The tank is a bit lower than I like, so I importune readers with good wildlife photos to send them in.
On July 10, reader Mark Jones recounted conservationists’ success in breeding white storks (Ciconia ciconia) to release in the wild, and sent some photos. Today he adds a verbal and photographic update (his pictures). Mark’s caption and quotes are indented:
An update on the white stork chicks at the Knepp Estate in West Sussex; the four surviving chicks (out of six I think) have now all fledged their nests and have been seen out and about. Fingers crossed that the re-wilding continues its current success. The quote from the White Stork Project:
“24TH JULY 2020: “Our fourth and final chick from 2020 took its first flight and fledged the nest today. This is the single chick from nest 2 who has been growing well. After losing the other two chicks, the parents put all of their energy into raising this chick. It has been seen flying in the fields near the nest and has also been seen with the adults in the nearby enclosure where we have our static population. It is great to see it integrating with the rest of the flock.”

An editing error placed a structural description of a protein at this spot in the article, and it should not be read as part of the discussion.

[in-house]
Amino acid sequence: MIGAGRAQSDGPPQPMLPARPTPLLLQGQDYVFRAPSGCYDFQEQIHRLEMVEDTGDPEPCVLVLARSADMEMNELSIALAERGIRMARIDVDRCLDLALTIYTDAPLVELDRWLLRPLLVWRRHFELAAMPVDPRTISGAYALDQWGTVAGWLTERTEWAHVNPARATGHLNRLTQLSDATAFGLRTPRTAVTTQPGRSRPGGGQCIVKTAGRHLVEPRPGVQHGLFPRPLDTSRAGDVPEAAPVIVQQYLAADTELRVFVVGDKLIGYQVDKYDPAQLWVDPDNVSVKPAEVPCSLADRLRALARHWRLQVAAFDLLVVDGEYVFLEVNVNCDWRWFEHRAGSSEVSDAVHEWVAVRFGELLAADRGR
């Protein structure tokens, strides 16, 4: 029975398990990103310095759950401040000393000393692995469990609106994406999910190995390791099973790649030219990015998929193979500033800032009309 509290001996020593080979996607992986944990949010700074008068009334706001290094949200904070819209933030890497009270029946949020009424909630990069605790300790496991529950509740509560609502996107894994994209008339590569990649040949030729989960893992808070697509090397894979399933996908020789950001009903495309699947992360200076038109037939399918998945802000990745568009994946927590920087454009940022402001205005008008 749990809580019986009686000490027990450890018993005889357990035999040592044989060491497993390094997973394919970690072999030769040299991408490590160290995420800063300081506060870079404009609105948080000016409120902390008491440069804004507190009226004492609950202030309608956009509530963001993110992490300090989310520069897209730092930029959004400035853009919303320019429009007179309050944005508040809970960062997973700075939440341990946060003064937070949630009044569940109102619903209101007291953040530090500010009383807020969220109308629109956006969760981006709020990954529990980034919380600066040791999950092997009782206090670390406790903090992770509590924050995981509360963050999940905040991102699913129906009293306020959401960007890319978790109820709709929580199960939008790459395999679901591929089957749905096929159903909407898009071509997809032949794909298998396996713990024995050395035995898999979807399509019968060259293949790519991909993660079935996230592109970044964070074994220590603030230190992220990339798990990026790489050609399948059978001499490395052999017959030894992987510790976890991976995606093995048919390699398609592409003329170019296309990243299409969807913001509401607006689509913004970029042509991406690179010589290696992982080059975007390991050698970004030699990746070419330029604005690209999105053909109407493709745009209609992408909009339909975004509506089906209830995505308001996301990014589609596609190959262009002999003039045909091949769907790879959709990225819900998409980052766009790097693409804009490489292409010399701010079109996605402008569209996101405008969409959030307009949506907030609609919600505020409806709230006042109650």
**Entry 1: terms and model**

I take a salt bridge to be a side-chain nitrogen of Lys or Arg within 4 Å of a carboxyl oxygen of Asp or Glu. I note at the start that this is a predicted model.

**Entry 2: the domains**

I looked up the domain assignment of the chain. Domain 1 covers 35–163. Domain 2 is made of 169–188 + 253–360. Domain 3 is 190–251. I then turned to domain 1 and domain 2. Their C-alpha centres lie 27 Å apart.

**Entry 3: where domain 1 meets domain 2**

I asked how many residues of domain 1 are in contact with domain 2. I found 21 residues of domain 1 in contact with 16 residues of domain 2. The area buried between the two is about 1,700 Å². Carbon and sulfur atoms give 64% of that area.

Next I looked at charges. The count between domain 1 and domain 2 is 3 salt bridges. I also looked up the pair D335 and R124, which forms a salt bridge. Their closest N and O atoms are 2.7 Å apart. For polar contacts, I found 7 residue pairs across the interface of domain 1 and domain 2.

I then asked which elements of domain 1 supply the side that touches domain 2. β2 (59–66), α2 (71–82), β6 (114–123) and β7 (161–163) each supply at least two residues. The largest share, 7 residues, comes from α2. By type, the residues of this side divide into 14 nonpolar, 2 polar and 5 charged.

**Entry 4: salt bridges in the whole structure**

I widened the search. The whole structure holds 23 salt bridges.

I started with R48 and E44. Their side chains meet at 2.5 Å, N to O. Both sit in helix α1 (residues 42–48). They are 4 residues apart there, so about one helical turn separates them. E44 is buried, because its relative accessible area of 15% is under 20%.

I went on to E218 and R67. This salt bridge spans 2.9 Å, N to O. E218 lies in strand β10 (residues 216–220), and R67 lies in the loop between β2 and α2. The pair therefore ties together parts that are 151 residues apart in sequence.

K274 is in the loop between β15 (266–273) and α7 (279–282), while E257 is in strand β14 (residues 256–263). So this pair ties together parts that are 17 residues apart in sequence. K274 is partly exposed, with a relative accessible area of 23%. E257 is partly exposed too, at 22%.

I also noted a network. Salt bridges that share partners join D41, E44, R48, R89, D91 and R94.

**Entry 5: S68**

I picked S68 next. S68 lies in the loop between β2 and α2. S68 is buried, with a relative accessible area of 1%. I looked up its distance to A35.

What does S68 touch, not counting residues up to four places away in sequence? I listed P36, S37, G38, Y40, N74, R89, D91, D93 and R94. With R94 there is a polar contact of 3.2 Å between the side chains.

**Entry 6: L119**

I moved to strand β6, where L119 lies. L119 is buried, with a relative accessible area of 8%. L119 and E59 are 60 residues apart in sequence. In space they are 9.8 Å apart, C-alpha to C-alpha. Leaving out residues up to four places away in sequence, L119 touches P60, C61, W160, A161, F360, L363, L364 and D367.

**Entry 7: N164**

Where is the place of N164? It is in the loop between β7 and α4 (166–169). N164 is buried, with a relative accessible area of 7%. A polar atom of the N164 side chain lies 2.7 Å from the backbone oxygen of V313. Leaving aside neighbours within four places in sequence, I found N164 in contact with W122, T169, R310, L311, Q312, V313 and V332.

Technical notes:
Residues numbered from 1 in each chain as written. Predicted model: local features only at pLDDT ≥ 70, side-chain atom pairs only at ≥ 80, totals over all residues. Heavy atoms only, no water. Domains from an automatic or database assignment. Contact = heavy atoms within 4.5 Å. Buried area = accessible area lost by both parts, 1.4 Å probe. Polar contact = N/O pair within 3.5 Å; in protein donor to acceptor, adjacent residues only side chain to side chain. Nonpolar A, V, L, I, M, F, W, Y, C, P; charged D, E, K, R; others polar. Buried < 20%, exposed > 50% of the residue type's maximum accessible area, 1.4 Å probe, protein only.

As mentioned before, Knepp is doing an extensive back-to nature experiment in farming, with free roaming herbivores (cattle, ponies, pigs and deer) and a ‘hands-off’ approach to the land. This has resulted in an explosion of biodiversity in this corner of Sussex, apart from the storks. This all seems highly sustainable ecologically, but I’m not sure how sustainable financially it is; it is partly paid for by glamping and safari trips . Anyway, it’s lovely to see properly diverse meadows for a change, so I hope it’s not idealistic to think a lot more land can be farmed this way.
There have been three nests (all built by the storks themselves, not manmade as I may have indicated before) this year and two have produced chicks. Apparently the eldest chick in the nest photographed has already flown with the parents at least once, but the others are still to fledge the nest.
The nest in the top of the tree, with the three chicks standing up.
One of the parents arrives with food.
A sequence showing the mum (or dad, perhaps someone can tell?!) flying into the nest delivering something to eat, judging by the chicks’ reaction, although I couldn’t see what.
The three chicks side by side.
The oak tree (spot the nest) with some of the free roaming Exmoor ponies grazing below.
A fly-by from one of the adult storks.